Success story: Jason Amoss uses Pluralsight to challenge himself
By Callie Johnson on June 29, 2015
Jason Amoss went to school for electronics technology, working on things like TVs, VCRs, circuit boards and robots.
After a while, Jason realized that putting computers together didn't challenge him. But he found that programming for the web did.
“You can kind of do anything on the web – you don't have to worry about what computer it is,” Jason said.
Since this realization, he hasn't looked back. Working in the industry since 1997 and in .NET since 2000, he's now the director of IT at Quality Home Systems and a Microsoft certified vb.net developer, with a primary focus in e-commerce.
Pluralsight authors are the difference
“Pluralsight authors are quality people who are active with the community,” Jason said, “Julie Lerman's probably the perfect example of somebody's videos I like watching because she explains everything at a really basic level. Also, she's very attentive, especially when I'm on Twitter.”
As a self-proclaimed visual learner, Jason learns best by watching someone work.
However, since he's part of a small company, and a “single-person-coding shop,” going to conferences for professional development can be a challenge. If he's out, there's no one to take his place. Pluralsight makes it possible for him to learn new technologies without leaving the office.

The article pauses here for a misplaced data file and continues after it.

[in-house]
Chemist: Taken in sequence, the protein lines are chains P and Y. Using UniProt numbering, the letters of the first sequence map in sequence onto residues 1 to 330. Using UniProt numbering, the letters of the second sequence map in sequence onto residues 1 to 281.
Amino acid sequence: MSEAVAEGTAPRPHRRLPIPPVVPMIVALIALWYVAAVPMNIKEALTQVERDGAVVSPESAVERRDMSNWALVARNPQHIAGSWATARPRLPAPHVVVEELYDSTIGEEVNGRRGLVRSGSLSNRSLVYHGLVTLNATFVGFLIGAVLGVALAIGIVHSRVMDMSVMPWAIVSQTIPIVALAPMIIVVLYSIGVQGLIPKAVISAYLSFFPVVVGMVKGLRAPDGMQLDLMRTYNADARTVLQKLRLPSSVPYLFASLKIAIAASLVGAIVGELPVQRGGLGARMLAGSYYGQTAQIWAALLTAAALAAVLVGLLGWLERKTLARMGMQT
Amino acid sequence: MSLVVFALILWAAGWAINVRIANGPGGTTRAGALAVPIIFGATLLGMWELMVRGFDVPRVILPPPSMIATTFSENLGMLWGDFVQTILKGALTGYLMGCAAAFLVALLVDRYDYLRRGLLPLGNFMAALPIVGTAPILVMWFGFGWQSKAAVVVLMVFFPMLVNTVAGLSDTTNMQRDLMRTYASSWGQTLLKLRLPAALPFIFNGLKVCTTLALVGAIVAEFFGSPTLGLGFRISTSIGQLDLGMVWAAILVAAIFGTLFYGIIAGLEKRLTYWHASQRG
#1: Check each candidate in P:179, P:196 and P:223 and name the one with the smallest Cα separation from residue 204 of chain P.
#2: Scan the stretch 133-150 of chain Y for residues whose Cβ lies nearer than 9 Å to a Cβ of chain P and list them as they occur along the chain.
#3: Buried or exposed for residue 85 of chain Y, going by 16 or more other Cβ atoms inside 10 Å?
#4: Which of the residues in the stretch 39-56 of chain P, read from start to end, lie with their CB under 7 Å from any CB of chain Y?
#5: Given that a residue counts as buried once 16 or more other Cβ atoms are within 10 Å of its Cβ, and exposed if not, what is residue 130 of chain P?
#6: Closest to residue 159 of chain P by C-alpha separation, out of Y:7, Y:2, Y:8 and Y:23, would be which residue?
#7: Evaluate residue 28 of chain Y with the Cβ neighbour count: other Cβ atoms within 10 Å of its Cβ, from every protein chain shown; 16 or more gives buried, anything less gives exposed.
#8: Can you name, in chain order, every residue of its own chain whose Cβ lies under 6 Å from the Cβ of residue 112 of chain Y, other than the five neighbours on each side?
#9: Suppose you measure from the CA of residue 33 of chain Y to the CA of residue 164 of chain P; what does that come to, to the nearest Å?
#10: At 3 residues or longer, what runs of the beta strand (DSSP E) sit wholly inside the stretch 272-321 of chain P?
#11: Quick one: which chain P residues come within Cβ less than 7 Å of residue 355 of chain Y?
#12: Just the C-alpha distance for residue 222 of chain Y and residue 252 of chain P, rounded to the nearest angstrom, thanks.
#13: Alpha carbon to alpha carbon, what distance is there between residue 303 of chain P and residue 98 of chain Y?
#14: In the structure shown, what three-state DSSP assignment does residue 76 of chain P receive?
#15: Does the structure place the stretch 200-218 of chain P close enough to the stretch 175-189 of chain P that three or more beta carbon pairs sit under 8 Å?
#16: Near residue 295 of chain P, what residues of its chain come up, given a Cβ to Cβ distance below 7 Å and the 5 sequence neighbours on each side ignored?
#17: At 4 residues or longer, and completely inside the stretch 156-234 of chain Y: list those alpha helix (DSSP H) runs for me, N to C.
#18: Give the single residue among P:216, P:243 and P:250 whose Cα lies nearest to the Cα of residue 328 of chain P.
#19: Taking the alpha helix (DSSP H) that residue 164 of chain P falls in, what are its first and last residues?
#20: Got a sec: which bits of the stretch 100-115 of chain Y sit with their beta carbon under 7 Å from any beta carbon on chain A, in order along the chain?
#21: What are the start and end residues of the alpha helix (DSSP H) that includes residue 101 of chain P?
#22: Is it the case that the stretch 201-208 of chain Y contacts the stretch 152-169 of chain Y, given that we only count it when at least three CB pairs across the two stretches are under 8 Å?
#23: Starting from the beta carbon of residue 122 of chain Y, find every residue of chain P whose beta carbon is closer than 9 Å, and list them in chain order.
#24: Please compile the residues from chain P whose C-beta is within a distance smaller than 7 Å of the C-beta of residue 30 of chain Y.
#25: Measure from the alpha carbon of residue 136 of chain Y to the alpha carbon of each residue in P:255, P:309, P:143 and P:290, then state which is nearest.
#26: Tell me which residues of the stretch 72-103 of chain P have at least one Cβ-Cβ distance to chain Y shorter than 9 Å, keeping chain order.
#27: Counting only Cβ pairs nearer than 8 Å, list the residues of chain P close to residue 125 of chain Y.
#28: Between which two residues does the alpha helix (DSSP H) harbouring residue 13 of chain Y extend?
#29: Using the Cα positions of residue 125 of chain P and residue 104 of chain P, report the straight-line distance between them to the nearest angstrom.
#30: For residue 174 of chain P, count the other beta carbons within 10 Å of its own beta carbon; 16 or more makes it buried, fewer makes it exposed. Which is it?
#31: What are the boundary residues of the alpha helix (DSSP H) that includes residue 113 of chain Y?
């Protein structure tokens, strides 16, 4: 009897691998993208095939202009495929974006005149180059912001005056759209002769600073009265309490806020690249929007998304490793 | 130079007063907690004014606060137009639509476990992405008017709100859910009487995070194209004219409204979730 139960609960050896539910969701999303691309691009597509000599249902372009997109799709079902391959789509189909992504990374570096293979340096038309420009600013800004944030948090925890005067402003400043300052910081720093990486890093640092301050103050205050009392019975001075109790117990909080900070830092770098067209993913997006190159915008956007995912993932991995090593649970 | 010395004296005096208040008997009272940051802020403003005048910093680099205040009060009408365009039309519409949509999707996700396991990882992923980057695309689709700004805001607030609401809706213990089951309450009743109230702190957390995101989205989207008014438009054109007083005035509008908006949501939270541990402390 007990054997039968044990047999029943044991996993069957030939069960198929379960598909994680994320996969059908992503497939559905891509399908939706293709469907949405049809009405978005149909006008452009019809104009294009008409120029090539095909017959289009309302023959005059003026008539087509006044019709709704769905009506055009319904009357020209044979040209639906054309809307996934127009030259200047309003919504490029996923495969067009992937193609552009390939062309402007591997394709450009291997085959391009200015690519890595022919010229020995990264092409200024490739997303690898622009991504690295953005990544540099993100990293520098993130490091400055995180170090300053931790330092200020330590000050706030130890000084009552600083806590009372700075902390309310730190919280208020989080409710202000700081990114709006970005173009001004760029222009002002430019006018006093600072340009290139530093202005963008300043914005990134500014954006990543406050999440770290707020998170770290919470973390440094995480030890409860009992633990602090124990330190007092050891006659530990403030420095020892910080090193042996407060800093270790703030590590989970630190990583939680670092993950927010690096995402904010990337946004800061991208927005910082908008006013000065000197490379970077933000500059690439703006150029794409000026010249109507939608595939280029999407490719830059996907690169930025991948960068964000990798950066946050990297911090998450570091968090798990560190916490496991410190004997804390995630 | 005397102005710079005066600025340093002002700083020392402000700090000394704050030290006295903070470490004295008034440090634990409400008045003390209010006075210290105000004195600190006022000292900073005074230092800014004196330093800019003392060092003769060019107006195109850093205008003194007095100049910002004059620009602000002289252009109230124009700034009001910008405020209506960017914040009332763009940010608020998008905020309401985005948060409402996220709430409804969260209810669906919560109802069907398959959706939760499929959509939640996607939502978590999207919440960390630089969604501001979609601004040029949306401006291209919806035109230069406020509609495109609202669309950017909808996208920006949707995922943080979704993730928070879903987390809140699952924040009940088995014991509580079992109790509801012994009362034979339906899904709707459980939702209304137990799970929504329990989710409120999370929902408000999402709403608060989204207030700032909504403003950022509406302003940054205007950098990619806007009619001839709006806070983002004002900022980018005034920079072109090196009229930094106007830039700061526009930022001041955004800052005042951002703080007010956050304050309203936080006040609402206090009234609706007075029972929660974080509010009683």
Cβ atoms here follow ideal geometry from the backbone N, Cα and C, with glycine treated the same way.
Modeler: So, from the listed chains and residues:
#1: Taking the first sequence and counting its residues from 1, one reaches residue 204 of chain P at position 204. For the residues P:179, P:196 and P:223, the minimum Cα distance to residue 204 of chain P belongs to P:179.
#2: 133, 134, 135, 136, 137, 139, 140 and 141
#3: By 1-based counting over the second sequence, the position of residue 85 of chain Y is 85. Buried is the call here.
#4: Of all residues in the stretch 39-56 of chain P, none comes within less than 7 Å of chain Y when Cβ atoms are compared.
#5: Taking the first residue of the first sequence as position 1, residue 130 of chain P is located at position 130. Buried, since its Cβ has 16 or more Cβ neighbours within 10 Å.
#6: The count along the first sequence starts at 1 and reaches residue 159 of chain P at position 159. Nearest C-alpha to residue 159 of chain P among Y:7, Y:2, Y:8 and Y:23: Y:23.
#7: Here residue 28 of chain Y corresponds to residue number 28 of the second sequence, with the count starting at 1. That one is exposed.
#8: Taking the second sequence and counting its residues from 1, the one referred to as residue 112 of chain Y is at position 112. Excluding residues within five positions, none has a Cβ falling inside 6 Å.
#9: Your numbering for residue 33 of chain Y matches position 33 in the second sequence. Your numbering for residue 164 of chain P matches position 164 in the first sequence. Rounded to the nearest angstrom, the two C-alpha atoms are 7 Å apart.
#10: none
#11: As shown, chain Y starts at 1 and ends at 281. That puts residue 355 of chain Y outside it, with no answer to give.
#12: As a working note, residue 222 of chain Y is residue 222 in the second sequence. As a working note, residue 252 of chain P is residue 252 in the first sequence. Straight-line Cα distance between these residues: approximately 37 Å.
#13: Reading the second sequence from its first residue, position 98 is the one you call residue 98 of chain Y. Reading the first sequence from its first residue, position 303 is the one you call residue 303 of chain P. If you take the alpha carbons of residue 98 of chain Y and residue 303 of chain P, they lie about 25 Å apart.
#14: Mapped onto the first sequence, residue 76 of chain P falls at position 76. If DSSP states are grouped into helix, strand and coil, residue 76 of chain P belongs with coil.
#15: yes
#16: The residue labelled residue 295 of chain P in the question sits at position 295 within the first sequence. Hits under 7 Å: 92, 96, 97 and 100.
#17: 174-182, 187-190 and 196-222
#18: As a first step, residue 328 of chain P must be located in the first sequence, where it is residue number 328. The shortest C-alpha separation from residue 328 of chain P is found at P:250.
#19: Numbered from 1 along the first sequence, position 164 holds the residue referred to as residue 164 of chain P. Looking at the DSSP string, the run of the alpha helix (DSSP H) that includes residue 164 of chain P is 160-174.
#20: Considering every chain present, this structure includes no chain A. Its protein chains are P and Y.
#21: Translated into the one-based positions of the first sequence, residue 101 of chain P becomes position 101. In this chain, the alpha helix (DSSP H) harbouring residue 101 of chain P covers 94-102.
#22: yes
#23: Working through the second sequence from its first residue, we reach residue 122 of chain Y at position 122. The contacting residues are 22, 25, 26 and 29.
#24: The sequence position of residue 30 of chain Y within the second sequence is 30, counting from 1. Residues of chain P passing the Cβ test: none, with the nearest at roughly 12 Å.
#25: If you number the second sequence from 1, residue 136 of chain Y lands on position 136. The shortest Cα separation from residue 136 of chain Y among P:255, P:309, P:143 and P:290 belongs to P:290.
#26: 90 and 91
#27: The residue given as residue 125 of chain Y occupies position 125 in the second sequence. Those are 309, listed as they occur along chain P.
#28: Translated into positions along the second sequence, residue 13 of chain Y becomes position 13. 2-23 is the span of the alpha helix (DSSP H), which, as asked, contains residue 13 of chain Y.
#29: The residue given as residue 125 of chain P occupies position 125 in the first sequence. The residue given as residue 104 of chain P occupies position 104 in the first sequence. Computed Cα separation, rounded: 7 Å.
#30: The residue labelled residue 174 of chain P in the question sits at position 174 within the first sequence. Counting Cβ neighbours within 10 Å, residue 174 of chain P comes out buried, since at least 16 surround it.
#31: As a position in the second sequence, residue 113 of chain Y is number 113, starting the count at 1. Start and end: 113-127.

“Seeing somebody actually create a program in the toolset that you're using makes a big difference for somebody like myself,” Jason said.
Testing out new languages
“I don't do design very well. That's not what I'm good at, so I'd never touched jQuery,” Jason admits, “Without the help of Pluralsight, and a little from MSDN Magazine, I probably wouldn't be able to do it because it's so radically different from the language I code in.”
“When I watched the Knockout course it really helped me to enhance our shopping cart,” Jason said. “There was nothing wrong with our shopping cart, it worked fine, but there were places that it could be better.”
Utilizing Knockout, Jason was able to lower customer wait time and take out page flickers.
Using Pluralsight to stay current
Although Jason's paid for his Pluralsight subscription in the past, his employer now sees the value and provides it to him. According to Jason, his boss now understands the cost of a subscription is greatly outweighed by Jason keeping his skills up to date.
One important value Jason finds in Pluralsight is how well it keeps his skills current. Pluralsight courses contain the most relevant skills and software workflows in the industry. Jason explains: “Colleges and schools can't keep up because they have to develop a curriculum that has to be approved by the Board of Education. By the time they get that done, they're five versions out.”
A lot has changed since Jason graduated from college. With a Pluralsight subscription, Jason's able to jump into new technologies and help keep his company competitive.
“Pluralsight certainly made it so I can do my job more efficiently,” Jason said. “We are living on the cutting edge of technology. I'm using MVC 5 and EF 6.2 and doing a lot of things that other companies just don't do because the tech is too new.”
Read more stories like Jason's here.